Whether you’re just starting your Lean Six Sigma journey, or you’re in the middle of improving a process, guidance from Experts can help make your efforts easier – and more successful! In this Expert Excerpt, we interview Greg Gibbs, who shares key insights to being successful with Lean Six Sigma in Healthcare.
Greg Gibbs is a Lean Six Sigma leader with extensive experience in leading programs within both the private and the public sectors. His involvement includes Lean Six Sigma strategy development and deployment, portfolio management, certification and training. He is a Certified Master Black Belt who has designed and delivered Sponsor and Team Training as well as led/mentored multiple teams to achieve significant business results. In his spare time, Greg enjoys the practice of yoga in his sunny home base of Sacramento, California.
What advice do you have for someone who is getting started with applying Lean Six Sigma in Healthcare?
First get leadership to accept that meaningful results will take some time, but at the same time, find a way to deliver quick results. You have to be able to get quick wins, but still build a program that will improve and sustain larger enterprise issues.
What are some common mistakes you see people making when applying Lean Six Sigma in Healthcare?
One big mistake is thinking you can assemble project teams who will spend tons of time on Lean Six Sigma projects. The world just doesn’t work that way anymore. Everyone is impatient and pulled in a variety of directions—Organizational A.D.D. is epidemic.
A second mistake is not to allow for “hypotheses” (aka suspected root causes) to be identified at the beginning of the project—this is the actual scientific method applied to business applications. Typically we already have enough knowledge to have some suspected root causes or contributors to the problem or opportunity—we then use the DMAIC to test our theories. Otherwise, we waste time pretending we need to look under every rock for the real root causes.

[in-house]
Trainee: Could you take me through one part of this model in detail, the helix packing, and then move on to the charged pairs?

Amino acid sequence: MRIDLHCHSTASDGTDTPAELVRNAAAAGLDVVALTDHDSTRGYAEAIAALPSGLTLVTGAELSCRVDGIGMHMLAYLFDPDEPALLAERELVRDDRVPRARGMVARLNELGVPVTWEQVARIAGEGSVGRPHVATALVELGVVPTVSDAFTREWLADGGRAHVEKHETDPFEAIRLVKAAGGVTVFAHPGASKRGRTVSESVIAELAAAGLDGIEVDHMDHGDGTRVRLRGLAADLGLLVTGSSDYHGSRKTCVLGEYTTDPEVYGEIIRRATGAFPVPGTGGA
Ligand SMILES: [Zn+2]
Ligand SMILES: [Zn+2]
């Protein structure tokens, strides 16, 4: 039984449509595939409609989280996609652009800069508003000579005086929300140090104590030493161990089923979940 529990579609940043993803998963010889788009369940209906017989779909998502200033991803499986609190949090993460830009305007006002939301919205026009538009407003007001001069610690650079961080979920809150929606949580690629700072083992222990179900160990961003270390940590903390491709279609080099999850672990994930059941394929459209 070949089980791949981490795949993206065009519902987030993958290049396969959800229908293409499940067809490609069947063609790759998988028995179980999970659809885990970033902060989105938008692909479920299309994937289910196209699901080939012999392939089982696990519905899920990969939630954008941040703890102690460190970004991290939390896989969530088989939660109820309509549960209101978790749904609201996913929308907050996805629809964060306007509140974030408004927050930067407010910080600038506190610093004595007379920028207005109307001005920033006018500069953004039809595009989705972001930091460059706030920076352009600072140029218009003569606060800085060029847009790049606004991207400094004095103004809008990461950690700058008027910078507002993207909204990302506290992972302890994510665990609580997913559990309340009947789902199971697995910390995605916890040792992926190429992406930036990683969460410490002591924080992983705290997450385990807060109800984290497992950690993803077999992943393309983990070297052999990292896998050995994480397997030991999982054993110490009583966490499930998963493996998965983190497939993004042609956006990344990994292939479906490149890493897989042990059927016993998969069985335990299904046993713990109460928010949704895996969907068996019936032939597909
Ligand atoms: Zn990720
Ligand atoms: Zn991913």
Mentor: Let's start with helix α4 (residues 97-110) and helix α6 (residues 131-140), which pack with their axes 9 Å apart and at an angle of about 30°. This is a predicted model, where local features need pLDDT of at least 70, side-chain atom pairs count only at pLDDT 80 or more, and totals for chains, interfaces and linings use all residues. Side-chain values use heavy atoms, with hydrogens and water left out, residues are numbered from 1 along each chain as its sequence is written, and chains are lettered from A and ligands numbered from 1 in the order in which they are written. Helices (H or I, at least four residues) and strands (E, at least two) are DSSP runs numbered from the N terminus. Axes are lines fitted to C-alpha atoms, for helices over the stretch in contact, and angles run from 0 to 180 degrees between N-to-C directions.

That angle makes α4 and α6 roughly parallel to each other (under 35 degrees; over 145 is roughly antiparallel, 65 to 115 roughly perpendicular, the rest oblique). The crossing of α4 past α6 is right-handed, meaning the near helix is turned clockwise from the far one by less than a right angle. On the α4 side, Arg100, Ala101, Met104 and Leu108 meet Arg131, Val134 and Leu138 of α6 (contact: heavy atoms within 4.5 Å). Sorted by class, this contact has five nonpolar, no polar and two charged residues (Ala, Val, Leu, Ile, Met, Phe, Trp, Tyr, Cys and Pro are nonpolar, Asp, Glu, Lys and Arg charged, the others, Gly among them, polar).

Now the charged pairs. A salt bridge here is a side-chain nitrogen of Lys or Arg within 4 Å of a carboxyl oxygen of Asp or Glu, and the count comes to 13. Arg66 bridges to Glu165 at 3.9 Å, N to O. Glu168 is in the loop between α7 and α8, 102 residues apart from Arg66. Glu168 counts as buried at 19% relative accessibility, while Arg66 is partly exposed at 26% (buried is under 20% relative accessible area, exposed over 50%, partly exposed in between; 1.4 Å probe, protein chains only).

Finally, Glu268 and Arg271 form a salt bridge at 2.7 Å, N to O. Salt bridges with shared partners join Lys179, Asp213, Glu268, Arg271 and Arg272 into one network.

Do you have any pet peeves related to applying Lean Six Sigma in Healthcare?
One big pet peeve has to do with Leaders who say they support Lean Six Sigma but then make leadership decisions that contradict that support. For example, sponsoring project teams to improve major components of a customer support function, only to pull the plug by outsourcing that support function before the project benefits could be realized.
Is there anyone that has significantly influenced you over the years?
Yes, for sure, but it’s not just one person—it was a team of consultants with whom I worked to support GE’s roll out of Six Sigma in the mid to late 90s. I can name them if you’d like, but it was the team environment and the supportive, ego-less nature of our consulting team that helped me reach unexpected levels of capability in delivering Lean Six Sigma training and coaching project teams and their leaders.
Why do you do what you do? (What motivates you?)
I love collaborating with others to achieve meaningful results. I am energized by people who want to achieve extraordinary outcomes and who are open and willing to think beyond outdated paradigms. Lean Six Sigma gives me that opportunity continually.
What’s something exciting that you’re currently working on?
Bringing an Agile approach to the implementation plans of DMAIC projects by implementing a “User Story” approach to major deliverables. Then we create action plans that deliver meaningful results in two-week “blitzes” (“sprints” in Agile terminology). This keeps the busy project team members engaged and actively participating.
What’s your favorite application of Lean Six Sigma in your personal life (away from work)?
Continuously improving my approach to “honey-do” lists—finding ever-better ways to be efficient in how I accomplish tasks. For example, I was able to accomplish a major bathroom renovation by planning the work in incremental tasks that minimize disruption to the family. Also, Lean Six Sigma has been very helpful in driving the parallel processing of cooking and cleaning up in tandem, so that by the time the meal is ready, there are no pots or pans to clean—it is already done!